Commentary by Lt. Colonel John Lewis Cook, USA (ret.)
While the story got little press coverage, the Afghan government released some 80 Taliban fighters from prison last Friday, just before President Karzai travels to Washington, D.C. to meet with President Obama to discuss the way forward in Afghanistan. These prisoners were among some 3,000 Taliban that the U.S. turned over to the Afghans last April as part of the so called “transition process,” as America prepares to withdraw from the country. And, make no mistake, there will be more released. Many more. An additional 400 are expected to be released in the coming days and this number doesn’t include the 250 that have already been released.
The Afghan government claims that this is a “good will gesture” that will facilitate the “peace process” the Afghan government says it wants to achieve with the Taliban. Perhaps, under different circumstances, there would be some merit to the government’s claim, but not in this case. These are hard-core jihadist who have committed brutal acts against the Afghan population as well as coalition forces. There is little doubt that they will return to the battlefield and continue these brutal attacks, notwithstanding the assurances from the Afghan government that they will be instruments for peace and reconciliation. In the meantime, there is little the coalition can do, other than stand on the sidelines and wring their hands in despair, since this is definitely not what the coalition forces expected.
However, it should not come as a surprise. This is what happens when you pretend that the central government of Afghanistan, a government we created in our own image, will function as our government does. True, we handed them a constitution with three branches of government that is designed to protect the rights of all citizens. This constitution is extremely well written and has ample safeguards that are designed to protect the citizens from abuse from any source, particularly the central government. The problem is it doesn’t work that way. After eleven years of combat, we failed to realize that Islam trumps everything in a Muslim nation. We failed to realize that President Hamid Karzai has a closer connection to the Taliban than he does to a Western form of democracy. While the nations that make up the coalition forces in Afghanistan has changed their governments several times and all ambassadors and diplomats and military commanders have been replaced countless times, the only constant in this whole tragic affair is Hamid Karzai. He was there in the beginning in late 2001 and he will, no doubt, be there in the end. It is Karzai who has pulled the strings from the beginning and he has become a master at it.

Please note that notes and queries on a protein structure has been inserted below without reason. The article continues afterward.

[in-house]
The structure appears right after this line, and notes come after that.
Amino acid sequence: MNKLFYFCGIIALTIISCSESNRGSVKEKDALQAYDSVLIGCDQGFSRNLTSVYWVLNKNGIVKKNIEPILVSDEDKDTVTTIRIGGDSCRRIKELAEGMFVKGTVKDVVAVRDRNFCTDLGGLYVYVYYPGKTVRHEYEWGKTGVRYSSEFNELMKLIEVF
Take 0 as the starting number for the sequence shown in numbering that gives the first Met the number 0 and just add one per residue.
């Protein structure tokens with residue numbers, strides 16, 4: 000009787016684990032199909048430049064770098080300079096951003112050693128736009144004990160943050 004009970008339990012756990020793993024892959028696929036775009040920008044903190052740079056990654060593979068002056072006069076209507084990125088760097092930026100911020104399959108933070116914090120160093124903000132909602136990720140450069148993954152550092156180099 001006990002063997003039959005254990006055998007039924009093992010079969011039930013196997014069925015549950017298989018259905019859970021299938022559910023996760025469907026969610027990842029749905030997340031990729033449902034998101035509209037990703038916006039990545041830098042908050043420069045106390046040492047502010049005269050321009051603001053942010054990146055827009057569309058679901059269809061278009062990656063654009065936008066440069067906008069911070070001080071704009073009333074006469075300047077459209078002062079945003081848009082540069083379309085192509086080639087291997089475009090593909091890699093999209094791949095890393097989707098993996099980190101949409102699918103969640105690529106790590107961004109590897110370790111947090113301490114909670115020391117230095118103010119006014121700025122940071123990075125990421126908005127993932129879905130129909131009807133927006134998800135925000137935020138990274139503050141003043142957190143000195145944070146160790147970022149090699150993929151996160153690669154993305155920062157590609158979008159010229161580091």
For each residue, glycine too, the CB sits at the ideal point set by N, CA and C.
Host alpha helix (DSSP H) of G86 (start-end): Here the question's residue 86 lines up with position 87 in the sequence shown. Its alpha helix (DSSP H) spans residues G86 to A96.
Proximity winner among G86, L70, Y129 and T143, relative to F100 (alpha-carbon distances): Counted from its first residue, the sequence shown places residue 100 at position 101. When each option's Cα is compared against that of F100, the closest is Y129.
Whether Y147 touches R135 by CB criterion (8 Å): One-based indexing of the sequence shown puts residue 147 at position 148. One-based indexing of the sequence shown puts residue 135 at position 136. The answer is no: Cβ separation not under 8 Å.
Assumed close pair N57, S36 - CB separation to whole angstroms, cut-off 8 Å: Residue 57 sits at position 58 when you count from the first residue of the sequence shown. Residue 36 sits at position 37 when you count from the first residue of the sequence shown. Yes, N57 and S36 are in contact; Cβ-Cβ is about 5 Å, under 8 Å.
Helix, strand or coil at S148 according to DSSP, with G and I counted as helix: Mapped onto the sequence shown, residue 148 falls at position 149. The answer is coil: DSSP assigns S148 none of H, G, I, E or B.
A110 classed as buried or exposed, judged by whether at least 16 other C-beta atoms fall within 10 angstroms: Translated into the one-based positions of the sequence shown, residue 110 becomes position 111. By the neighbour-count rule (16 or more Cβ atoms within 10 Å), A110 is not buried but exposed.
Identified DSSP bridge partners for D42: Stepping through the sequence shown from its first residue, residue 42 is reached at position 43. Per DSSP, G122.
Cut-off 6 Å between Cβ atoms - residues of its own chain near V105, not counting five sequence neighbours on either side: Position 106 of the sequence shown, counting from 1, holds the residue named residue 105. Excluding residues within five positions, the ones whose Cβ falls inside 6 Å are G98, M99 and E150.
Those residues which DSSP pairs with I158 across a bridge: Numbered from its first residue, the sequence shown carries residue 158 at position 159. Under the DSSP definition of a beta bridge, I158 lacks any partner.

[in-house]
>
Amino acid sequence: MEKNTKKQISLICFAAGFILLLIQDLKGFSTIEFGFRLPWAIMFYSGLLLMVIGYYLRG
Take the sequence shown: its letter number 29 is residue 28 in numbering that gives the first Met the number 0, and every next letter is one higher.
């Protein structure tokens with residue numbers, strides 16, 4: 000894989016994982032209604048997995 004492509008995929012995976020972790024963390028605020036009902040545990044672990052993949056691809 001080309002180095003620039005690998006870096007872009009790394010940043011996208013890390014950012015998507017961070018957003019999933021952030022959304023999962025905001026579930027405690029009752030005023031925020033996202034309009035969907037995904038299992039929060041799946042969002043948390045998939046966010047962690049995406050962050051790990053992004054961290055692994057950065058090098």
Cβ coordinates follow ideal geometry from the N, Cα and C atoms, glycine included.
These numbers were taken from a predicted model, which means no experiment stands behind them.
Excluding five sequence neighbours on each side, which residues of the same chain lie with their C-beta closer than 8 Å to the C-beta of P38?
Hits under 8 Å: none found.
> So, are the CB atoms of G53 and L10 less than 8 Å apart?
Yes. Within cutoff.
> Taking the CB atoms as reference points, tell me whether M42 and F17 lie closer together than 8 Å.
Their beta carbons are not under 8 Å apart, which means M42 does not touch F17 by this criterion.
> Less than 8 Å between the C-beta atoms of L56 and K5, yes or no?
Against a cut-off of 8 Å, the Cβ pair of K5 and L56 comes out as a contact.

While it seems so long ago, at one time the U.S. set a deadline for leaving Afghanistan in the summer of 2011. However, Karzai moved that date to the right by more than three years, to the end of 2014. Whenever we complained about the rampant corruption in his government, he threatened to join the Taliban. When we tried to destroy the poppy fields, he waved the bloody shirt of the poor poppy farmers, and we backed off. Now, we have completely given up on any eradication effort involving the poppies. And whenever an Afghan civilian was killed in an airstrike, he held a press conference and blamed the coalition. At every turn, he was always ahead of us, always blaming the coalition, yet willingly accepting billions to rebuild his country and most of the money made its way into private bank accounts in Dubai.
What most Americans fail to understand is that tribal loyalty is very powerful in Afghanistan. Karzai belongs to the Pashtun tribe. This tribe has produced the rulers of Afghanistan for the past 300 years. Over 95% of all Taliban belong to this tribe. We failed to recognize this connection early on and now it is far too late to do anything about it. However, this fact does explain why he doesn’t view the Taliban as we do.
The truth is, he was never serious about defeating the Taliban. It was always about Karzai and his interlocking criminal enterprise. He used the Taliban when it suited his purpose to look like a war time president. At other times, he was willing to pretend he wanted to make peace and was willing to show he was sincere, by releasing hundreds of Taliban jihadists. Now, he is on his way to Washington once again, willing to put on a command performance, reminding our elected leaders just how important it is to save Afghanistan. And, once again, he will be given assurance that we will not abandon his country. Meanwhile, more Taliban fighter will be released and we will justify this shameless act as the kind of things a sovereign nation is allowed to do, that he somehow knows what is best for his country. After all, we made him who he is and gave him all the power of a chief executive. So why should we be surprised now? And an even more important question is, why are we still there?
About the Author
Lieutenant Colonel John Lewis Cook, United States Army (Retired), “served as the Senior Advisor to the Ministry of Interior in Kabul, Afghanistan, with responsibility for developing the force structure for the entire Afghan National Police. As of 2012, this force totals 157,000. From March 2008 until August 2012, his access and intimate associations with all levels of the Afghan government and coalition forces have provided him with an unprecedented insight into the policies which will determine the outcome of the war. It is this insight, coupled with his contacts and associations throughout Afghanistan that form the basis of Afghanistan: The Perfect Failure.
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